General

White flakes in my Hot Tub

Essentially, there are two reasons white flaking can occur in hot tub water.  The most common reason is a high calcium level in the source water and a general increase that can occur after months of our soaking and enjoyment. Calcium is a mineral that keeps us alive.  The human body needs some calcium to keep our hearts beating efficiently and our bones and teeth healthy. These are just a few of the areas where calcium is required for attaining a healthy lifestyle.  However, in hot tubs, we don’t want too high a level, or we may experience a myriad of frustrating occurrences.  We will explore how to determine the amount of calcium in our hot tub or swim spa and recommend acceptable target levels and what we can do to attain a good balance.

White flaking can be downright frustrating.  Turn the jets on to experience the pulsating water to loosen tightened muscles and wash away those aches and pains and all you see are thousands of white floating particles.  What is it?  Why am I noticing it now after months of crystal-clear water?  This could very well be the result of calcium deposits precipitating from your water.  Calcium not only affects the water clarity and enjoyment, it can also gain a foothold on all surfaces where water touches.  These deposits are what you may see when you boil water in a pan and notice the scale flakes on the bottom.  Typically, heater elements are the first place they attach to.  This makes your heater less efficient.  Next, surfaces inside the entire spa shell get that sandpaper feel.  In addition to these two problems, your filter(s) are now grabbing the flaking which means that your circulation and flow rates may be diminished until the filter(s) are cleaned.

Calcium levels are measured by testing.  Calcium levels in hot tubs should typically be in the range of 50-125 ppm (parts per million).   Swimming pools can and are recommended to be in the 150-300 (ppm) area.  It should also be noted that calcium level readings in hot tubs using salt chlorine generation, (SWG), should ideally be in a lower range of 25-100 (ppm) for best results. The amount of calcium in water determines if it is considered hard or soft.  Harder water has more calcium than softer water.  In Hot Tubs you want just the right ppm range of calcium for many reasons, three of which are less foaming, water that is not detrimental to components and water that doesn’t spurt white flakes with the jets on. If calcium levels are too high the simplest way to reduce it is to drain some or all the water. If your tap water has high calcium you might want to invest in a garden hose “screw on filter” that helps eliminate calcium. You should also try to keep the total alkalinity and pH in proper balance.  If your area water supply has higher calcium amounts you should keep a lower total alkalinity.  You may also use a chemical sequestering agent that will keep the calcium from precipitating from solution.  Raising calcium levels is easy.  You simply add the correct amount of calcium chloride based on the gallonage and the ppm target you wish to attain.  A reliable test kit can be one of the biggest assets you have for attaining crystal clear health water.  We do Not recommend using any test strips.  Invest in a good quality test kit.  It will pay you big dividends.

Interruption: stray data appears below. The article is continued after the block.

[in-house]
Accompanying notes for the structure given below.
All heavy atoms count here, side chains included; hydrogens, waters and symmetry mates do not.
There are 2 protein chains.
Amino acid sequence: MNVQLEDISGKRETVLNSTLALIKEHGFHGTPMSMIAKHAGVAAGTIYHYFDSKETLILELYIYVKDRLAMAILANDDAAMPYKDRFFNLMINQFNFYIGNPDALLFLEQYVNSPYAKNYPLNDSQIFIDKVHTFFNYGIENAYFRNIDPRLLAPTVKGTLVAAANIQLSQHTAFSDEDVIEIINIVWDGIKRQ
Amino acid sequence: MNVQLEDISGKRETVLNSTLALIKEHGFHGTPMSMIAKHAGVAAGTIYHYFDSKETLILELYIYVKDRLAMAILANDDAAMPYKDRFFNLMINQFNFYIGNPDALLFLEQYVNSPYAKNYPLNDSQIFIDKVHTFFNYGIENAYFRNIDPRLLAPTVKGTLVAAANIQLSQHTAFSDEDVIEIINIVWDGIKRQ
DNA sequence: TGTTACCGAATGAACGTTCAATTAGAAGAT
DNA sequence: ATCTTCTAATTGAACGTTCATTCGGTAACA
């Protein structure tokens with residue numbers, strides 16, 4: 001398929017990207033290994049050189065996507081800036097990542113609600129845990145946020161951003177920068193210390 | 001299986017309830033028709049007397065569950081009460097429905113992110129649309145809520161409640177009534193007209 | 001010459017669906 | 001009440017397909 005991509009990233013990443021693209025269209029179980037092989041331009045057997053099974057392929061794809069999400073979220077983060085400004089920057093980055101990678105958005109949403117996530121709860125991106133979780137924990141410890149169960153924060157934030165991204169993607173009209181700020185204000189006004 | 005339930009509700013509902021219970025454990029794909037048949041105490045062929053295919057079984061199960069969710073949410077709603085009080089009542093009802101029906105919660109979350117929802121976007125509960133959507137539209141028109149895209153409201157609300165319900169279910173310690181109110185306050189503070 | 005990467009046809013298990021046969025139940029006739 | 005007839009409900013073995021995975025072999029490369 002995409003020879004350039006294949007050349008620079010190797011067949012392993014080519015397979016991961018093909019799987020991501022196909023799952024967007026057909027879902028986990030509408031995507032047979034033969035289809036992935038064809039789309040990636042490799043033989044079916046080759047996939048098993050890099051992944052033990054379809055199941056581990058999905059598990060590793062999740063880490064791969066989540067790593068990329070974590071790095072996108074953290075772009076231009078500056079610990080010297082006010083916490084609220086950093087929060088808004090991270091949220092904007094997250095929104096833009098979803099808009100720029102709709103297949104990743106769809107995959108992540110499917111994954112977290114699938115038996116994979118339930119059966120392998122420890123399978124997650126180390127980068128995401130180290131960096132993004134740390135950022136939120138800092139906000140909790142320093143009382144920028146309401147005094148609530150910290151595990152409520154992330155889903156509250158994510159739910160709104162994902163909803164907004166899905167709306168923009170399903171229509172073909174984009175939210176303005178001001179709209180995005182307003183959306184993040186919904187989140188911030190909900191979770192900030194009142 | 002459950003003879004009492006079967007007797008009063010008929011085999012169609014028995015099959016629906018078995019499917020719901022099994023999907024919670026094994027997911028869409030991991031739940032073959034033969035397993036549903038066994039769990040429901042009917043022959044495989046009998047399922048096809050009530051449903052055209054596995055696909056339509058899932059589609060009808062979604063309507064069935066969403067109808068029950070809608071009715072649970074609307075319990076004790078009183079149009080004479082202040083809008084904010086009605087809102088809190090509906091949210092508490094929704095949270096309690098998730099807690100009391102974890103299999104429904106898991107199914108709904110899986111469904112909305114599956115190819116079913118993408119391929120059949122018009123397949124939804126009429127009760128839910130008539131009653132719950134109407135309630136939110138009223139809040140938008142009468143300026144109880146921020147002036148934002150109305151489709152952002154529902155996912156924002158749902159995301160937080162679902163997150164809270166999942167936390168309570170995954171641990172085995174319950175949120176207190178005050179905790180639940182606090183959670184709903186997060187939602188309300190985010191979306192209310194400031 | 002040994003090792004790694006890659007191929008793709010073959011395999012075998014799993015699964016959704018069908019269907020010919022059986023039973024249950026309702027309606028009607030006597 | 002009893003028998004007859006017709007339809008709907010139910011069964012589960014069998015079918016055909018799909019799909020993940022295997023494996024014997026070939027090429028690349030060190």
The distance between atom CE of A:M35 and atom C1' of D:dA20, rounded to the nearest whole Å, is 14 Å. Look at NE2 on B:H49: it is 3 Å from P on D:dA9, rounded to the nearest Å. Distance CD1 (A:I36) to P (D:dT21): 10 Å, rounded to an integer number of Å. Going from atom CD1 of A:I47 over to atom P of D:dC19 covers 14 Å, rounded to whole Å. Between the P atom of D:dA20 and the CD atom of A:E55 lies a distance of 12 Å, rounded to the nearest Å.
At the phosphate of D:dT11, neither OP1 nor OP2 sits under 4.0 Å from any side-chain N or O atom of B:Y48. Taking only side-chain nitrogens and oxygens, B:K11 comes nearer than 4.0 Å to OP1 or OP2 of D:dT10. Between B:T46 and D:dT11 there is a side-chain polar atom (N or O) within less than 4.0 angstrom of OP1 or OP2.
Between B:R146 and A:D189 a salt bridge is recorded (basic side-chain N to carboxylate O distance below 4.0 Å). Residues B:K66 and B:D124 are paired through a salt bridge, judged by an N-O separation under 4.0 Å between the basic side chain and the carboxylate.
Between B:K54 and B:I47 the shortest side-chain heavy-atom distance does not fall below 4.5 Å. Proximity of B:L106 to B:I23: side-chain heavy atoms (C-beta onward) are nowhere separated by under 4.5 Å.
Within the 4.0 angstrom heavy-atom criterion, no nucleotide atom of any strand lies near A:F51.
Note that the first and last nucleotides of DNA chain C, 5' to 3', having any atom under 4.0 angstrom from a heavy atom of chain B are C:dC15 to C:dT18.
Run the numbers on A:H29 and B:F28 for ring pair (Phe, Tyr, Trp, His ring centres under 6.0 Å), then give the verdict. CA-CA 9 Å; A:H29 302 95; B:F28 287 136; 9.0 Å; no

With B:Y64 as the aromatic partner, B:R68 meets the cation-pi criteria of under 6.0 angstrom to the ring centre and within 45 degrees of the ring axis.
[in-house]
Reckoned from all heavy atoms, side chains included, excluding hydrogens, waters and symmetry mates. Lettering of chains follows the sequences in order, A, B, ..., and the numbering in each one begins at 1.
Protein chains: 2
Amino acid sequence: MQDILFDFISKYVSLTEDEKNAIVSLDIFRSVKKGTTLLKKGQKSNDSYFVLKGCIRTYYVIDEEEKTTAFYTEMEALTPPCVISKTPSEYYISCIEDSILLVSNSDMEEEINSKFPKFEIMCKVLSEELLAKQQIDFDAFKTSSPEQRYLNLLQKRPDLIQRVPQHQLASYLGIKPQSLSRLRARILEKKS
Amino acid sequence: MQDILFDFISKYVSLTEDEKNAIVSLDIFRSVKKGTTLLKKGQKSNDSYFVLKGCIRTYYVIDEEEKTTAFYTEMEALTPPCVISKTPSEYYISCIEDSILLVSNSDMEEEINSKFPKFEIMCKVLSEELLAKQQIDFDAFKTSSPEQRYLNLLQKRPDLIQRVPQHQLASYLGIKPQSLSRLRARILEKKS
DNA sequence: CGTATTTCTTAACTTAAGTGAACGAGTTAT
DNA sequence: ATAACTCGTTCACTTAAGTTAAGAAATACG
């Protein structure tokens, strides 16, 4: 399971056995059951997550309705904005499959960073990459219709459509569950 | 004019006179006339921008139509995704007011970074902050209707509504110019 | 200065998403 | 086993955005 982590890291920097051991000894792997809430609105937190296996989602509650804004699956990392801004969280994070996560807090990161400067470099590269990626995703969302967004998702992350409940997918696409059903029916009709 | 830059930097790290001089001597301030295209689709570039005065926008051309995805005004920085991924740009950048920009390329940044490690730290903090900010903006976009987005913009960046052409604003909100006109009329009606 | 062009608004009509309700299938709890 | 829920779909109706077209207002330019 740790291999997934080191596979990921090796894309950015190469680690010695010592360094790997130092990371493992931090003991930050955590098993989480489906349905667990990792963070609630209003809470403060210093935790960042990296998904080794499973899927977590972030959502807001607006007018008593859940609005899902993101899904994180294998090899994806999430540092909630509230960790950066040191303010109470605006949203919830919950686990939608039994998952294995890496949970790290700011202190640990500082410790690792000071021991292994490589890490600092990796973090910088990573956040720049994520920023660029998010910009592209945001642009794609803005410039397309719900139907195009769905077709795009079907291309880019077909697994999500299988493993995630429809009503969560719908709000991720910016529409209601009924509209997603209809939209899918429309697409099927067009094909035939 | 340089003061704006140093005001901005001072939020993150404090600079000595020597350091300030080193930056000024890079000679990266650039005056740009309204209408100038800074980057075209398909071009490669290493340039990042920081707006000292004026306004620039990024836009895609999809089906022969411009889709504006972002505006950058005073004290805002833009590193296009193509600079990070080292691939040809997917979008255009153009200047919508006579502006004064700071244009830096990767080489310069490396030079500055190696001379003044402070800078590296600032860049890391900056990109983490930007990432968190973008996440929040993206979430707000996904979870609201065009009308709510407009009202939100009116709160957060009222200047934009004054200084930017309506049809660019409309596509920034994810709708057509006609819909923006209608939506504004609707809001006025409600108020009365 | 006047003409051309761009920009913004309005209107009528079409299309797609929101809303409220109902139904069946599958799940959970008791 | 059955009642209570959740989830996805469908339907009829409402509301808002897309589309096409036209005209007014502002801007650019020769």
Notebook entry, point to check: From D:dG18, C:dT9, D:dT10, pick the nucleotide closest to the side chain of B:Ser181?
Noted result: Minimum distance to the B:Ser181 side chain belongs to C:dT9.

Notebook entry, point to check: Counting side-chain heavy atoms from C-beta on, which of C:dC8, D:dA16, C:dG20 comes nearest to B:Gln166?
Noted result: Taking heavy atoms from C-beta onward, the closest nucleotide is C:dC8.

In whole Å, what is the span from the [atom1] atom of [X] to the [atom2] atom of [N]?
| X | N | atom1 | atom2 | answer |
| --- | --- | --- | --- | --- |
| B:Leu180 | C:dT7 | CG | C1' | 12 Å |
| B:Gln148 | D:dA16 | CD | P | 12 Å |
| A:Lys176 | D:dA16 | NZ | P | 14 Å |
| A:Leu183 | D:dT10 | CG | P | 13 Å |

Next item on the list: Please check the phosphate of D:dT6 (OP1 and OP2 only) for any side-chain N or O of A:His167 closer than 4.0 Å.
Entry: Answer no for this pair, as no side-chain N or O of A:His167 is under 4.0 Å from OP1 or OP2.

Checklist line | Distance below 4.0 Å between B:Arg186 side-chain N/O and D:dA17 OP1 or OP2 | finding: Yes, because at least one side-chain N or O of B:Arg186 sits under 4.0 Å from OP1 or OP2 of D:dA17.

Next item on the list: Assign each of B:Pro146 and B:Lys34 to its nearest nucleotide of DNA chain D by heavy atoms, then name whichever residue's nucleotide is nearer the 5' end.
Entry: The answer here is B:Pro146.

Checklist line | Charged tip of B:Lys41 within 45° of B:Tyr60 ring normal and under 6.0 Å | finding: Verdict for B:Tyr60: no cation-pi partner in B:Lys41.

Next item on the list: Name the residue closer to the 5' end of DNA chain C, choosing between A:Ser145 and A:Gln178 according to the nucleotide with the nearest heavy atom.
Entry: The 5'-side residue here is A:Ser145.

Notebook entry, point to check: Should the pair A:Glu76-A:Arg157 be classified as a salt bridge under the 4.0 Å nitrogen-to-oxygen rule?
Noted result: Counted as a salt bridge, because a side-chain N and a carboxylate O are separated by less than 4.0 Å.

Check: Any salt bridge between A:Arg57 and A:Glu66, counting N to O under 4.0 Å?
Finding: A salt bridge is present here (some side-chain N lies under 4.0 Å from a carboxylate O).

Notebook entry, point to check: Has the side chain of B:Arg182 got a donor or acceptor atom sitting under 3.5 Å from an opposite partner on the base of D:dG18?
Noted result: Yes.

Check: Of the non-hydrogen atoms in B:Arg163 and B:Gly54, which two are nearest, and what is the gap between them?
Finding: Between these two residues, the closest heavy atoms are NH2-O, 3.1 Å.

White water mold:  Many hot tub owners blame high calcium levels for the white floating particles they may be seeing or streaming from the jets when engaged.  Our research has discovered that the majority of the “white flake explosions” are whitewater mold.

This develops quite rapidly in hot tubs that are or have been deficient of adequate sanitizer over an extended period.  This can be from a week to a month or longer. Generally, we find that the mold forms when the hot tub sits empty for an extended time or that the owners have not been using chlorine or bromine as their main sanitizer.  Sometimes, if they have been using one of those sanitizers, they have not been adding enough.  Many hot tub owners want to use less or no chlorine or bromine.  A big mistake!  They are seeing lots of Internet malarkey that you can maintain a hot tub without using it or drastically less.  The CDC recommends that you always use an EPA Registered sanitizer and at the correct levels to maintain healthy water.

Many of our calls are with people who have tried to avoid the chlorine or bromine program.

How to tell what the white flakes are.  One of the simplest ways to determine what the composition of the flakes is to do the following test.  Capture a ½ teaspoon or less of the flakes and place them in a dish.  Add a 2 tablespoons of regular chlorine bleach, sodium hypochlorite, into the dish.  If the flakes dissolve within a minute or so they are mold.  If not, they are calcium. If they are mold, we recommend the following.  Purge your hot tub with our Ahh-Some Gel. Follow the instructions on the label.  Refill, balance the water and be sure to maintain a higher ppm or chlorine or bromine for at least 3 days.  By a higher ppm we mean at least 20 ppm of chlorine or bromine.  That should help alleviate any residuals of the mold issue after the purge. Going forward, always maintain at least a 2-4 ppm of residual chlorine or bromine using a reliable test kit.  If the flakes are calcium we strongly recommend draining and refilling with fresh water as mentioned previously.

We hope that the information in this report will be helpful to you.

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